It was a pretty embarrassing moment—that day years ago when I shot myself.
I like to think of it as an accidental shooting, though I was holding the gun, and I was aiming carefully, and I did pull the trigger on purpose. I was intent on causing a death, yes, but not mine.
Some of the details are a bit fuzzy, I admit. The individual in my sights was fuzzy, too, in a furry sort of way. He was a mouse.
It was autumn and, as the world began to cool off outside, we’d begun to see a rodent or two looking for warmth inside. No such beast can survive in our house because that’s where my wife lives. On the rare occasions when a mouse has tried to take up residence in our home, a shocking lack of personal hygiene has always given him away. And, you can count on it, once a mouse in the house has blown his cover, neither his life nor mine is worth anything until he is stone cold dead. One of us has to be put out of his misery. So far, it’s always been the mouse.
And that’s what I had in mind the day I shot myself.
The mouse I saw, you see, wasn’t in the house. This rodent had the good sense to stay out in the garage. If he’d had better sense he would have hidden behind a bag of fertilizer or a lawn mower. Instead, he flitted across the floor and put on his brakes in front of an old cabinet. That’s when a light bulb went off in my head, or, more likely, a capillary burst in my brain. And I went for my BB-gun.
Great big game hunter that I am, I stood at the top of the stairs looking down into the garage where the rodent stared back, his long whiskers twitching as he gazed at an armed and uncommonly silly-looking human.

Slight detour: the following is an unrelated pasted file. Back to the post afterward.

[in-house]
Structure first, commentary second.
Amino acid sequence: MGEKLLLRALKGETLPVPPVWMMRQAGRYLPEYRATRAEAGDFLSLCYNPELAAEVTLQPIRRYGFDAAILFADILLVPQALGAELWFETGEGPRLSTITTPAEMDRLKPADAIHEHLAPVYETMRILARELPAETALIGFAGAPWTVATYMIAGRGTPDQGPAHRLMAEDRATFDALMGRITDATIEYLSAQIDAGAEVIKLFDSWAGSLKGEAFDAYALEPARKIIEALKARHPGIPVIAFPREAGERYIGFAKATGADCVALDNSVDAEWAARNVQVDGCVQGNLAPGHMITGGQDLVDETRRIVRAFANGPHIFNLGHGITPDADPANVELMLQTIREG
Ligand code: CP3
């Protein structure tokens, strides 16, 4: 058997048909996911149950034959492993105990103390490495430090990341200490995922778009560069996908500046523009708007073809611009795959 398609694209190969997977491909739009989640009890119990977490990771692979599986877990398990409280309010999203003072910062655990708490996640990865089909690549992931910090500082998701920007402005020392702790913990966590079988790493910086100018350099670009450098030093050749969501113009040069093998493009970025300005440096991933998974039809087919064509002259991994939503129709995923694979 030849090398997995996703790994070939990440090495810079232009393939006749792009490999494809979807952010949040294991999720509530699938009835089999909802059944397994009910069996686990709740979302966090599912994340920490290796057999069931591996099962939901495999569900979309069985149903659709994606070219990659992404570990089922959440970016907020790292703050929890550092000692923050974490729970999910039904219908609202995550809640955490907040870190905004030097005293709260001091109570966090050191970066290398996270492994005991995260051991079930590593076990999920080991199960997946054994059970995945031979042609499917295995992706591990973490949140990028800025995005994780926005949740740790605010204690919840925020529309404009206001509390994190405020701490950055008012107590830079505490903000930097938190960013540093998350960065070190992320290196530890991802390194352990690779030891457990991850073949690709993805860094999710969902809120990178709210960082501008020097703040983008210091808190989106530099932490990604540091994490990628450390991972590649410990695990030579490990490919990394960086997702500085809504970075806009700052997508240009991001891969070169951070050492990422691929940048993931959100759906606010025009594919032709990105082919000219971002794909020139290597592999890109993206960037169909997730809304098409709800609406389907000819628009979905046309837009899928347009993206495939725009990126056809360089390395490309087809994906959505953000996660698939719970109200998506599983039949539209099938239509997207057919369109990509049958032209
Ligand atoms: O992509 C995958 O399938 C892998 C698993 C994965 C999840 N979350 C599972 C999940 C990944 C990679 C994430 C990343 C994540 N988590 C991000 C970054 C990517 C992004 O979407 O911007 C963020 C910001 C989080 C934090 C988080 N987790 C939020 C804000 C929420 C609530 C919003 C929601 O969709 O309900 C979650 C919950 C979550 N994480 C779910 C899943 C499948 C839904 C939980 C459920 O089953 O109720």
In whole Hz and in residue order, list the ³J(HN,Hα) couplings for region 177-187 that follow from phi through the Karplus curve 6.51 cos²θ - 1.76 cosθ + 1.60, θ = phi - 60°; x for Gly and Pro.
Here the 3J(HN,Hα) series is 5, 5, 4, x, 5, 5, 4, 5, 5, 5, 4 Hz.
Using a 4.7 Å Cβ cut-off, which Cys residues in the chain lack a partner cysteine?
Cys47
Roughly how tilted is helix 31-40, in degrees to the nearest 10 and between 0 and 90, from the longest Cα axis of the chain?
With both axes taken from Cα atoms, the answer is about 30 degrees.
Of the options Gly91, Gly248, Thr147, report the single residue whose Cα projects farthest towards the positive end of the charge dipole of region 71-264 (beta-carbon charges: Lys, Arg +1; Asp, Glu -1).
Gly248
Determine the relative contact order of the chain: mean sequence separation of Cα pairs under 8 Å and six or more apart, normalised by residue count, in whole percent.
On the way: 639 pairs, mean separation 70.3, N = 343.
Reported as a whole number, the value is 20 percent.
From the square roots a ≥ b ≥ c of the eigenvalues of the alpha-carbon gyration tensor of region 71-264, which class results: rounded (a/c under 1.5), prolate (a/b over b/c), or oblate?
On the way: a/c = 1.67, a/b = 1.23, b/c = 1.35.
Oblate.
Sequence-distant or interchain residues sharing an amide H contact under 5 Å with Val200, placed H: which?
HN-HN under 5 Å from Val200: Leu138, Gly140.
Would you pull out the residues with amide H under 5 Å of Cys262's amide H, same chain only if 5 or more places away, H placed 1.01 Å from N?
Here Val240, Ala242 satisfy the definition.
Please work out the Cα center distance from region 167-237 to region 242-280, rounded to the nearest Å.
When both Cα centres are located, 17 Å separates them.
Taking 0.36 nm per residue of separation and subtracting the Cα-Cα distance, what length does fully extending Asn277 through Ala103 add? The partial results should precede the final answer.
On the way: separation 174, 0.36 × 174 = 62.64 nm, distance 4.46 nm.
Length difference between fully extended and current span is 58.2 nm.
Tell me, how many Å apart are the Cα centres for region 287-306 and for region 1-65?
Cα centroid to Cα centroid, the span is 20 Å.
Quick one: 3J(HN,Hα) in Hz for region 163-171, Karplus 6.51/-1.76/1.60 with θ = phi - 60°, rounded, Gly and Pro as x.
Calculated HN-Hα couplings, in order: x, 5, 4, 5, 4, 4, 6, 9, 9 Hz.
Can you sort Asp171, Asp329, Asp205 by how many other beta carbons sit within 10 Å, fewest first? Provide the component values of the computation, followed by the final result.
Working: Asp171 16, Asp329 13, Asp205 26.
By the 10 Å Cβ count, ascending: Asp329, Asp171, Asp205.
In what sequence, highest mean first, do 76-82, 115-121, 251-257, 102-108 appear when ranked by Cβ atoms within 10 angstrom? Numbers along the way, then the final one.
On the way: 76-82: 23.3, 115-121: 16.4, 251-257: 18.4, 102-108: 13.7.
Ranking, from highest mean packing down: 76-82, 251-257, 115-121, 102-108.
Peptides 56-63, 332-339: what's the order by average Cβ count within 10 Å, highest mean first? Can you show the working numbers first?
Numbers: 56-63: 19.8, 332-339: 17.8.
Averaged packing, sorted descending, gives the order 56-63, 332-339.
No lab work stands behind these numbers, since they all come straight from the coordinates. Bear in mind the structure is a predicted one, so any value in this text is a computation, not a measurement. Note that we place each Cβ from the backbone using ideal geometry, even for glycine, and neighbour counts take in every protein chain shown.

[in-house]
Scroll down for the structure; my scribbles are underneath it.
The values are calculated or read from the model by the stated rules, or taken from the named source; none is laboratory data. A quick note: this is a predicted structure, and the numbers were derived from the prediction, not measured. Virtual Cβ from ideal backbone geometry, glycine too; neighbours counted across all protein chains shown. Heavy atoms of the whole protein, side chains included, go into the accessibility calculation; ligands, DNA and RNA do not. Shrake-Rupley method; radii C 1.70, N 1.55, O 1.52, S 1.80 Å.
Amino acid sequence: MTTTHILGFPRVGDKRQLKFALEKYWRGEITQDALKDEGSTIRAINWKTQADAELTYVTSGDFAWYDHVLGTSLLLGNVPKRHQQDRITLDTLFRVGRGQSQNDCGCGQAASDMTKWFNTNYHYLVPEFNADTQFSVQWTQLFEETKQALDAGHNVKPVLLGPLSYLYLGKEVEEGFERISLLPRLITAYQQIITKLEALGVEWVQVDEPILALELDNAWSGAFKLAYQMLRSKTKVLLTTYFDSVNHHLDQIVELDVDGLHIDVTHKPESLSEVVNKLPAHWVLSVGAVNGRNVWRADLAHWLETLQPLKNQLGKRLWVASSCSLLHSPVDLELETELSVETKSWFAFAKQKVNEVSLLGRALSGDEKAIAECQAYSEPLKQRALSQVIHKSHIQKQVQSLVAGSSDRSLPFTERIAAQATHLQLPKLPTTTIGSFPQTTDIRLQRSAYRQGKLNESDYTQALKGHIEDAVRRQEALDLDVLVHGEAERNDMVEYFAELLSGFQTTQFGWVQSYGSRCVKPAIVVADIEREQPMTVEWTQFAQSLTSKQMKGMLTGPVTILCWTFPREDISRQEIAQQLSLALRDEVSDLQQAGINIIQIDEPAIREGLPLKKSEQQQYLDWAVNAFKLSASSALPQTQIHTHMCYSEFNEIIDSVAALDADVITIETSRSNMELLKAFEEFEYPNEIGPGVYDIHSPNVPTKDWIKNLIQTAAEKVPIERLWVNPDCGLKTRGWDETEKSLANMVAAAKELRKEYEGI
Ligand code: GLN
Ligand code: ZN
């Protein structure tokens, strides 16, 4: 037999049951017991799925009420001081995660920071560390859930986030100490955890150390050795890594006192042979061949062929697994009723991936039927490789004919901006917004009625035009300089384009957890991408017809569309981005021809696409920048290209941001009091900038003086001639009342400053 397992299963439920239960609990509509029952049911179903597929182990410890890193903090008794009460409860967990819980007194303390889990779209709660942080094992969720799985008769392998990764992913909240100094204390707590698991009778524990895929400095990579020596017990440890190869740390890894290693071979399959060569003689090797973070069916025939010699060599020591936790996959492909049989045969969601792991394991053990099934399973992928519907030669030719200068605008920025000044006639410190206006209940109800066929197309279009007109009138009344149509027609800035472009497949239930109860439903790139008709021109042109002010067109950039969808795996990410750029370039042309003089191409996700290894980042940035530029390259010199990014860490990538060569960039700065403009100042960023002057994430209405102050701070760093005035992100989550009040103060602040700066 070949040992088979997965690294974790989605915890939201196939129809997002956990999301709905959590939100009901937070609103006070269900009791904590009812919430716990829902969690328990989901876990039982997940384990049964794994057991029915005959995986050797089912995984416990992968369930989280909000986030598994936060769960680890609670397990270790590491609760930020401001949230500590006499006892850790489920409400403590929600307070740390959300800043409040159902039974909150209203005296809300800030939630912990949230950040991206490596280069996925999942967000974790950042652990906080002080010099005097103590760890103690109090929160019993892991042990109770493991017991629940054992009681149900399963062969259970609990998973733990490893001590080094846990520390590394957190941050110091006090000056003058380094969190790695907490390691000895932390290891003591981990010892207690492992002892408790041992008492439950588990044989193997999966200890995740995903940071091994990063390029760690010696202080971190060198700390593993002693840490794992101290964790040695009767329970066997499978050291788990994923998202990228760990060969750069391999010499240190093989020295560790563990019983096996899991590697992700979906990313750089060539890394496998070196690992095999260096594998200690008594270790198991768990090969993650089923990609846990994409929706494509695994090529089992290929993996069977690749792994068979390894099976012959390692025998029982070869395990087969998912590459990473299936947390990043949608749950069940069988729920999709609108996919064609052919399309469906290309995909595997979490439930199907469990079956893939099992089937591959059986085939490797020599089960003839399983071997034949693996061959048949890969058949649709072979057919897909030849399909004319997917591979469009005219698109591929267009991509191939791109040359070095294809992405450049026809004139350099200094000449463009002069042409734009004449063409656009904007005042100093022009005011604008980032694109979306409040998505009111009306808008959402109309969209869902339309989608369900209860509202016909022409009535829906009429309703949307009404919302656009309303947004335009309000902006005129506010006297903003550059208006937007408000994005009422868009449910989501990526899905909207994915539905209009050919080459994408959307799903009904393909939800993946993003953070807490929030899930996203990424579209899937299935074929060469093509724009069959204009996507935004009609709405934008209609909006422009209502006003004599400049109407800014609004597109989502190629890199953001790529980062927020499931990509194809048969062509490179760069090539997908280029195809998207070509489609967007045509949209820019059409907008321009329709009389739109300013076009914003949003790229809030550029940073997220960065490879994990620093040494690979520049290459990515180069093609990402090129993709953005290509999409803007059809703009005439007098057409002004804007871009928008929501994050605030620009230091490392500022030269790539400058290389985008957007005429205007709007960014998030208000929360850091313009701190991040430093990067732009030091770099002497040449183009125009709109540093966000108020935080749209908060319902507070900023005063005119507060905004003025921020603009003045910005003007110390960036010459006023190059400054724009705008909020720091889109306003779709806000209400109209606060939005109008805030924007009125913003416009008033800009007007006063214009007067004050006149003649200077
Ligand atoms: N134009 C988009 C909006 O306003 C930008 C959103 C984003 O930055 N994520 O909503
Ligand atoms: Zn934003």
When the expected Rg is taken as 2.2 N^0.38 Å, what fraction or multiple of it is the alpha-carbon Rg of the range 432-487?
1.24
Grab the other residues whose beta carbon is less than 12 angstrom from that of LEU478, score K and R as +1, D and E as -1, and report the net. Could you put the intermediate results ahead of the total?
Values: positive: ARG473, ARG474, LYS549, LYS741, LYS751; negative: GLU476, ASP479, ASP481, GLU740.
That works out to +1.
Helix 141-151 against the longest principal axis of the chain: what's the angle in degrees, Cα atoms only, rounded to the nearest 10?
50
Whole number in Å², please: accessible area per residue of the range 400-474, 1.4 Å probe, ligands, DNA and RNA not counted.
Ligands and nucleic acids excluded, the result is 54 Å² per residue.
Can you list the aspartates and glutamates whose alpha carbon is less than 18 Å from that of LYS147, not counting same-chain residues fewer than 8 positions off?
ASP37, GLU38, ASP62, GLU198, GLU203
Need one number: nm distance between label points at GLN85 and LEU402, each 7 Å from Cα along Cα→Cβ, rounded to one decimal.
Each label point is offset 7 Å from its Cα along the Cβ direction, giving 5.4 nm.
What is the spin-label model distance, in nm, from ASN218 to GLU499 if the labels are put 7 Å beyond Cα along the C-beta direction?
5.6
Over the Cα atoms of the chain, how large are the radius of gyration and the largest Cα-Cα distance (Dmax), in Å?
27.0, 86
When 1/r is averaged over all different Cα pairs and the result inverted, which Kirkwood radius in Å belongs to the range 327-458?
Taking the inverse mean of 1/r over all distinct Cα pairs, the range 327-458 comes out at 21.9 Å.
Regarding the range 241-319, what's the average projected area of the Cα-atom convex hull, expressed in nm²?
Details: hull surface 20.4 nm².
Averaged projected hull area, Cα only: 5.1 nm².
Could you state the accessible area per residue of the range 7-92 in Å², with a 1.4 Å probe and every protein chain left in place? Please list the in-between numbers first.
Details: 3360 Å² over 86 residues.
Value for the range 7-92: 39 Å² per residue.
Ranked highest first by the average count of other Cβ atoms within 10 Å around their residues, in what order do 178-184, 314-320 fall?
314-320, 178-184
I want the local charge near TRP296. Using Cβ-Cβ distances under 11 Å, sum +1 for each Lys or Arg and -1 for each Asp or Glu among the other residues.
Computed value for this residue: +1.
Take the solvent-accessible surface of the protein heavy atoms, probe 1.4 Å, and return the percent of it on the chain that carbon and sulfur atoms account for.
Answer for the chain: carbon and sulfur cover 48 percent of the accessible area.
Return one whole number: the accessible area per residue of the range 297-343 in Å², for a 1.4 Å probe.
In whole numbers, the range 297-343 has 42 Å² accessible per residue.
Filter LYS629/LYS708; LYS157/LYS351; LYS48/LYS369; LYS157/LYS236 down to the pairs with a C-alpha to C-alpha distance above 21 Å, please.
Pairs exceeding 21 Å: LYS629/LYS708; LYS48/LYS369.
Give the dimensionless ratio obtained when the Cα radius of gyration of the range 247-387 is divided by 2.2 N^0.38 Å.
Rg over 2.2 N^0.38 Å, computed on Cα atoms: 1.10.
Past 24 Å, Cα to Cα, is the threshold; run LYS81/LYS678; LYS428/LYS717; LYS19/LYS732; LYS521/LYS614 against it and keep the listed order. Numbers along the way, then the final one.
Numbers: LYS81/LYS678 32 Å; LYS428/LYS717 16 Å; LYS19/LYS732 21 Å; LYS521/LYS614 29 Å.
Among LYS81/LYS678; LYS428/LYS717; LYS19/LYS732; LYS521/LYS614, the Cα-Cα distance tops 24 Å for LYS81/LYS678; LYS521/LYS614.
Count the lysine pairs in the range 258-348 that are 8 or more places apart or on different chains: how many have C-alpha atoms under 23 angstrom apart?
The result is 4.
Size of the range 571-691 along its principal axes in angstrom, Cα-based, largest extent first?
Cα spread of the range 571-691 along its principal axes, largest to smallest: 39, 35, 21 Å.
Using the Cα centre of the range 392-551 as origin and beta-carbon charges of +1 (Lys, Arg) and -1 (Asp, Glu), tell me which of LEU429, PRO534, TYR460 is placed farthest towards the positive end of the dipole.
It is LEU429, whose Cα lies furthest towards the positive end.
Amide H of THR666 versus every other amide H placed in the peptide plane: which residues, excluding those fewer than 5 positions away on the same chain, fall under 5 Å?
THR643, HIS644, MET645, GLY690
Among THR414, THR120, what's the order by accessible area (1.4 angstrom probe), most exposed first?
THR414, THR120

The operative word here is “ricochet.” I’m not a bad shot. I was confident that my BB would sink deep into that warm and soft little body. But, just to be safe, I’d taken some precautions. As I recall, I wore a coat and a cap and goggles. I lifted the gun slowly, took careful aim, squeezed the trigger, and shot . . . myself, as it turned out.
The BB barely missed the mouse but did not miss the concrete floor, the cabinet edge, and the only part of my head that was uncovered, my forehead.
I’m so glad I didn’t shoot my eye out and have to explain, over and over again, how I had been recruited by the CIA after college but had lost my eye in a live fire training exercise and had decided to go into the ministry instead.
My kids actually enjoy the real story much more than they should. But I know they love me. And so does the God who loves us on good days and on bad, on days when our brains are working well and on days when it would be hard to find evidence of much rational thought even before we pulled the trigger, blurted out the nonsense, or did the dumb deed.
Curtis Shelburne is pastor of 16th & Ave. D. Church of Christ in Muleshoe. Contact him at: firstname.lastname@example.org